God’s Providence in Texas

Most of the time, God works through mundane, ordinary, natural-looking events. You can’t pinpoint his activity in a single moment, but the whole speaks to us of his presence.
This is a companion discussion topic for the original entry at https://biologos.org/blogs/kathryn-applegate-endless-forms-most-beautiful/gods-providence-in-texas

I’ve been grateful for this glimpse of God’s providence over the last week. Have you ever looked back to see in hindsight how God was working in your life? What’s your favorite example in Scripture where God clearly worked through natural means to accomplish his purposes?

I sure have! Thank you for sharing your story. (Of course, on BioLogos I’m considered not quite a Christian and called all kinds of horrible things.)

I too grew up in the Texas panhandle and remember as a high school student (late 1960s) when my dad had an irrigation well dug. They hit the Ogallala water bearing formation 400 feet below the flat Texas plains, and when the well began pumping, small shells were mixed in the sand that initially came with the water. I still have them in my drawer, a testament to the wonder of creation, and a certain knowledge of the ancient sea that once covered high Texas plains.

What a neat story! It’s hard to imagine the world looking so different, so very long ago, but tangible evidence, “certain knowledge of the ancient sea,” excites my mind and imagination too. Thanks for sharing.

Sorry to hear that, beaglelady. I haven’t been present in those discussions. Labels can be hurtful. I’m glad you’re here.

I began college as an architecture major. I had always done well in school, but found the 5-hours per day required per day for Design class interfered with my other studies, and I started to realize that I was not going to become the next Frank hi Lloyd Wright. After months of inner turmoil, one night at 2 am, while working in the architecture building on the project due the next day, I heard a voice speaking clearly in my head, saying “get out of architecture.” I know that I had finally made a decision that had been nagging at me for months, but I have always thought of that experience as what it meant when in the Bible it says someone heard the voice of God. After I heard that very audible voice, I calmed down and continued working through

the night, went back to the dorm for breakfast, and eventually changed my major to computer science, which I really enjoyed, and which made me a good living.

(I don’t know what button I hit accidentally to send my first message before I had finished it.)

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Hi Kathryn

Like you, I was drawn to a career in science, and I am still running a small company supplying computer software to the pharmaceutical trade in the area of CADD, computer-aided-drug-design. As a ‘Cradle Catholic, I was impressed in early life with the biblical miracles, especially with Jesus’ resurrection which is the foundation of our Christian Faith. Strange as it may seem, it is easier to believe in great miracles of the past, miracles that changed history, than it is to believe that God is present in our daily lives, working subtly to accomplish His purposes through natural means. At 19, as a infantry private in World WarII, I had two experiences that led me believe that He was present in my life–actually prolonged it for over 70 yrs as of now. [This episode was published in Joan Wester Anderson’s two books: ‘Where Angels Walk’ and ‘Where Miracles Happen’]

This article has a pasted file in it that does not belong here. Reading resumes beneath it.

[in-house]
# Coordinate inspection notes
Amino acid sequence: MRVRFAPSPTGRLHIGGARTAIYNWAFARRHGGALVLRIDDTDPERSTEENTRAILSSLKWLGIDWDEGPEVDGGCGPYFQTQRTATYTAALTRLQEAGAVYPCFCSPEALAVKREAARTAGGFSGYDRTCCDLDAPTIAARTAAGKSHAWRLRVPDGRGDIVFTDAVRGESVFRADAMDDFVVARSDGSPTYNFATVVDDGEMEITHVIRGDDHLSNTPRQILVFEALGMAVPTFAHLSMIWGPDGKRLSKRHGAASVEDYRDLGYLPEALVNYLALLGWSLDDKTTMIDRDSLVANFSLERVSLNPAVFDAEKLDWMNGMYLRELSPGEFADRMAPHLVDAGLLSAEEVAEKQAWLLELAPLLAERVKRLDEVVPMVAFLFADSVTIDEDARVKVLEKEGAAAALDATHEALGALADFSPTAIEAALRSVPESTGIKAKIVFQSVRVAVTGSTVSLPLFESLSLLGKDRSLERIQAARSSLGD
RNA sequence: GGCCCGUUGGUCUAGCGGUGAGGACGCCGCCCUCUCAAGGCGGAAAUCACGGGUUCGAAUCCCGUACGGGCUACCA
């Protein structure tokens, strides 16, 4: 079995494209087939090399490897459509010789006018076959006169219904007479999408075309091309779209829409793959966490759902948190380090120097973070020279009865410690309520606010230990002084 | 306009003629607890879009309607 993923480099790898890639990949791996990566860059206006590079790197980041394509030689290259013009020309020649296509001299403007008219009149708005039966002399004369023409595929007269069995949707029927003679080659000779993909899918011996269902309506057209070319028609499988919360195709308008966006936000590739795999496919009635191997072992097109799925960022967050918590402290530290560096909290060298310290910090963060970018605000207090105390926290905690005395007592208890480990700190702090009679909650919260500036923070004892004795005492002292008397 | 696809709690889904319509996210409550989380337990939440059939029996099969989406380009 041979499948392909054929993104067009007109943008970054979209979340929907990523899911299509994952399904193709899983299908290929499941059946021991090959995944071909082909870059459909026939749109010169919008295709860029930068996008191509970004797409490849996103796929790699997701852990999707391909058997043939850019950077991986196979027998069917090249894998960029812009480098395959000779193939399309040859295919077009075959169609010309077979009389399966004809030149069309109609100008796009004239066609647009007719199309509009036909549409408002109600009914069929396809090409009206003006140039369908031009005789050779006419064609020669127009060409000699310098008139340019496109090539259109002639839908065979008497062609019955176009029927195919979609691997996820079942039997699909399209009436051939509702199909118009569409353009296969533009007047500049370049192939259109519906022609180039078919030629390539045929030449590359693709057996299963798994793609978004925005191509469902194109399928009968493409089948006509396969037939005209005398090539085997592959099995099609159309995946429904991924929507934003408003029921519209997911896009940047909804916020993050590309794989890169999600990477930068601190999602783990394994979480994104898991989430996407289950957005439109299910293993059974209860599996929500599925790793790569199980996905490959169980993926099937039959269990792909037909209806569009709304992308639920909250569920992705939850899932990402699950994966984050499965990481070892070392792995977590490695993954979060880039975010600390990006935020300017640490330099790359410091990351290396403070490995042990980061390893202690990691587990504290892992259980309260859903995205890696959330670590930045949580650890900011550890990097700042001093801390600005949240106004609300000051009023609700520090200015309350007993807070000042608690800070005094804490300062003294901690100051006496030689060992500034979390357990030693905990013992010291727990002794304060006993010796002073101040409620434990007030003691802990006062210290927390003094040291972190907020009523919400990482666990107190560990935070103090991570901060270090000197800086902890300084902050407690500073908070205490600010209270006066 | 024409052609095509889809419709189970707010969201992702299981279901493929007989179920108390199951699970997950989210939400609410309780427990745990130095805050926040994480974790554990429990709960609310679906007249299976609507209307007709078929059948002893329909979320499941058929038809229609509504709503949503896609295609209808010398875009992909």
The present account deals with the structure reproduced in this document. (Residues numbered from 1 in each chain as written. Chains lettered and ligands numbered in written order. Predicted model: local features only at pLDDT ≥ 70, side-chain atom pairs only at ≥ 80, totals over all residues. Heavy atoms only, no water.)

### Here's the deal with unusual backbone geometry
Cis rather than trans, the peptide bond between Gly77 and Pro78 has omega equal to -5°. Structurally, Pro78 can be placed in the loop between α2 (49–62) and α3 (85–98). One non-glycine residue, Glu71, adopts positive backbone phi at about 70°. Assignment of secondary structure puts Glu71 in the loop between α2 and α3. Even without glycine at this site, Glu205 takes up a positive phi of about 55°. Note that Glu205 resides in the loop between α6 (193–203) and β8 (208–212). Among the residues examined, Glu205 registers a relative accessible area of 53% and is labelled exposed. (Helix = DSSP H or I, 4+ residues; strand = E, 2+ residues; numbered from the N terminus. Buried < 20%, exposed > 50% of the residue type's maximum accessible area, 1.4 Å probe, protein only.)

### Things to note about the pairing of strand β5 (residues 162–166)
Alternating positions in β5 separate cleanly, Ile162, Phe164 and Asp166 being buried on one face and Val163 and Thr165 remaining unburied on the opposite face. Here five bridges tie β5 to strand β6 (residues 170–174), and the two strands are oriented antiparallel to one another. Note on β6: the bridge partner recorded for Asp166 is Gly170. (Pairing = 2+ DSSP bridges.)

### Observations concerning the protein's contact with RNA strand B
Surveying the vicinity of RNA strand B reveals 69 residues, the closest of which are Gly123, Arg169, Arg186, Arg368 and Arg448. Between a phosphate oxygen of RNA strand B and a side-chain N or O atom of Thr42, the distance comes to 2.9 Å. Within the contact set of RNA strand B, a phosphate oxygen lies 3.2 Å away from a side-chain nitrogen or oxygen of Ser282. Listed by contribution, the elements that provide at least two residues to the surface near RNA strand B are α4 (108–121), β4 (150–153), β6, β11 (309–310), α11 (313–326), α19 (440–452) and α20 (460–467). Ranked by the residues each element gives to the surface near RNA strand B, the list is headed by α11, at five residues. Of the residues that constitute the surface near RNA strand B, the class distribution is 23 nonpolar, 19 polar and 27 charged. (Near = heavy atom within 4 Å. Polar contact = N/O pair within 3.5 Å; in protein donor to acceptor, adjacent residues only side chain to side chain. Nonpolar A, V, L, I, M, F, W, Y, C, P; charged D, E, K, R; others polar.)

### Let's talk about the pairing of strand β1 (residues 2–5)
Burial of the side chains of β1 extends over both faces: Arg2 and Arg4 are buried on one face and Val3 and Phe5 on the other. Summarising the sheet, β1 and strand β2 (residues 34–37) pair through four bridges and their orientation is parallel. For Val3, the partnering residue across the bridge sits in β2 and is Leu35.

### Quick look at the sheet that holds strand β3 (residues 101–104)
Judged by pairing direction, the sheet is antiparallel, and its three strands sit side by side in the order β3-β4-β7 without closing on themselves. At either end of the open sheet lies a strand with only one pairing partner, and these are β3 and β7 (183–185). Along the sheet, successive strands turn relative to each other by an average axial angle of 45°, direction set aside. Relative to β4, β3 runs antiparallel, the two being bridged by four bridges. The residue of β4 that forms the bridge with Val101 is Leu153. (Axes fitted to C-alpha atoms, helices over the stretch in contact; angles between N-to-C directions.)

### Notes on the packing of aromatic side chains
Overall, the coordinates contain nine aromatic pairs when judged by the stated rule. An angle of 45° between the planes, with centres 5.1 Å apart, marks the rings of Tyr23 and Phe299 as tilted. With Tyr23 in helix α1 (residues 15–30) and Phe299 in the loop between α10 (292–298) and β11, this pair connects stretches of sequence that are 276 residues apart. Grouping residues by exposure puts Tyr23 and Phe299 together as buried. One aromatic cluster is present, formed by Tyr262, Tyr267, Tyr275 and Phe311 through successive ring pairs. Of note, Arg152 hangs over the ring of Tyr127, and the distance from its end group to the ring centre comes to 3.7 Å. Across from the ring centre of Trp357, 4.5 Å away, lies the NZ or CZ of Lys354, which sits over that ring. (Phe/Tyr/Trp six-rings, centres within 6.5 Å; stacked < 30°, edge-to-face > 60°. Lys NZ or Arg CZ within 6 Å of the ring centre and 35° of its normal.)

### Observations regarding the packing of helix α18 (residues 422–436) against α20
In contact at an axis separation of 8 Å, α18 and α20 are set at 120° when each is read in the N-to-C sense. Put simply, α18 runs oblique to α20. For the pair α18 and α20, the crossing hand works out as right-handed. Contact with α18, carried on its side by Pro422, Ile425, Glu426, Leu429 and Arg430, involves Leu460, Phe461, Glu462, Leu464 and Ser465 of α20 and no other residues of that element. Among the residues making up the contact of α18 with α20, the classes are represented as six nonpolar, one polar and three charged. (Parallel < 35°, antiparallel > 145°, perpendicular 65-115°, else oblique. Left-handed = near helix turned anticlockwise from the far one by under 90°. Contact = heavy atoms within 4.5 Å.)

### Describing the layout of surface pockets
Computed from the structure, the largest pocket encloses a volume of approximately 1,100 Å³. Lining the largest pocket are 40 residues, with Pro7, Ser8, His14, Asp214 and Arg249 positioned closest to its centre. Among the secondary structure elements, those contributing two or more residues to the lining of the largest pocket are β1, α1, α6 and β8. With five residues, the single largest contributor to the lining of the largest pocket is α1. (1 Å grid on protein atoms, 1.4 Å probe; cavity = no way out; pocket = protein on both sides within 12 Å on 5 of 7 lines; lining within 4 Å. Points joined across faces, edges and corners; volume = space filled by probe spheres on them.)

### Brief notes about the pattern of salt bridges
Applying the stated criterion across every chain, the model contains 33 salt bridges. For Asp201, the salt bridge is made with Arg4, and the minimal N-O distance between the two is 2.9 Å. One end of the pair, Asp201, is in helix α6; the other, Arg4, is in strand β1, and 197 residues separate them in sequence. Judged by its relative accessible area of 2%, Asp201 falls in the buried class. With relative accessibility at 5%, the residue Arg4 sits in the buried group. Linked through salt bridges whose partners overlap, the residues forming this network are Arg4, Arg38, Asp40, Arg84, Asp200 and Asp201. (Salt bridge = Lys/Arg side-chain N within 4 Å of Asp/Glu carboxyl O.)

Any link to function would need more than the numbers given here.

I am naturally skeptical, and I told Joan that I considered my experience as against all reasonable odds but not necessarily a miracle. But she published it anyway. I found that most of my scientific colleagues were skeptics by nature, and, sadly, for most of the Christians, their faith had ceased to be really relevant. Then, a little over a dozen years ago, something happened that ‘beat the odds’ by over 50 million to one–something, not earth-shaking- but something that solved one scientist’s problem he, as an agnostic, was having with his Christian wife and sons. This ‘happening’ left him and the three other witnesses hardly able to believe what they had just seen. To me, it was more clearly a miracle than the event Joan described in her book. I call it ‘The Miracle of the Panel Truck’. I can send a short write-up of the event to you if you’d like.
Al Leo

Intriguing! Sure, I’d love to read about it. Thanks for sharing, Al.

Hi Kathryn
Here’s my miracle story. Hope its not too long
The Miracle of the Panel Truck
On Friday afternoon, after a weeklong Gordon Conference (topic: QSAR,
our specialty) at a New Hampshire school, the attendees board busses for the
two hour trip back to Logan airport in Boston. While standing in line
waiting to board, I visited with my colleague, Prof. Eric Lien. As the people
in front of us boarded, that bus was declared full, and so we were first in line
for the next one. This was fortunate, because we picked the right front seat
in the bus that gave us a clear view of the road ahead as well as out the
window to our side. Across the aisle sat Prof. Hugo Kubinyi and Prof. Jo
Seydel, two of our close friends and colleagues who also had that good view.
After discussing events of the conference for the first half of the trip, Eric
turned to me and said: “I noticed that in your free time you were reading the
book ‘God and the New Physics’ (by Paul Davies). Tell me, Al, do you
consider yourself a religious person?”
I was taken off guard by this question but replied: “I get a great deal of
satisfaction from my Catholic Faith, and I do attend Mass every week—if
that makes me religious, then I guess I am.”
Eric continued: “That’s what I guessed, and that’s why I thought you might
help me with a problem I am facing at home.”
His asking me for help with a personal problem came as a total surprise, and
even before I knew the nature of it, I felt uneasy about my ability to
contribute anything of value. I had met his lovely wife, Linda, and I hoped
that there was not some rift between them.
Eric quickly pressed on: “Let me give you some background that has led up
to my problem. I was born in Taiwan and lived there until I graduated from
high school. My parents were religious in the sense that they followed the
wisdom of Confucius and Lao Tse and honored their ancestors with a small
shrine in their home. When some Christian missionaries founded a school in
our town and I expressed a curiosity about their teachings, they let me
attend. Very quickly the missionaries made it clear that ‘Unless you profess
Christ as your savior, you will be damned to Hell.’ This completely turned
me off of Christianity.”
He then continued: “Eventually I emigrated to the U. S., enrolled at U.S.C.
and continued on to get my Ph.D. in medicinal chemistry. In the meantime I
met Linda, and we were married. She was raised as a Christian, and at that
time I had no qualms about her desire to raise in the Christian Faith any
children we planned on having. But now our children are old enough to go
to church with her, and they are asking ‘Why doesn’t Daddy come with
“I told Linda that that was not part of the bargain. It would be dishonest for
me to attend religious services I definitely do not believe in. The children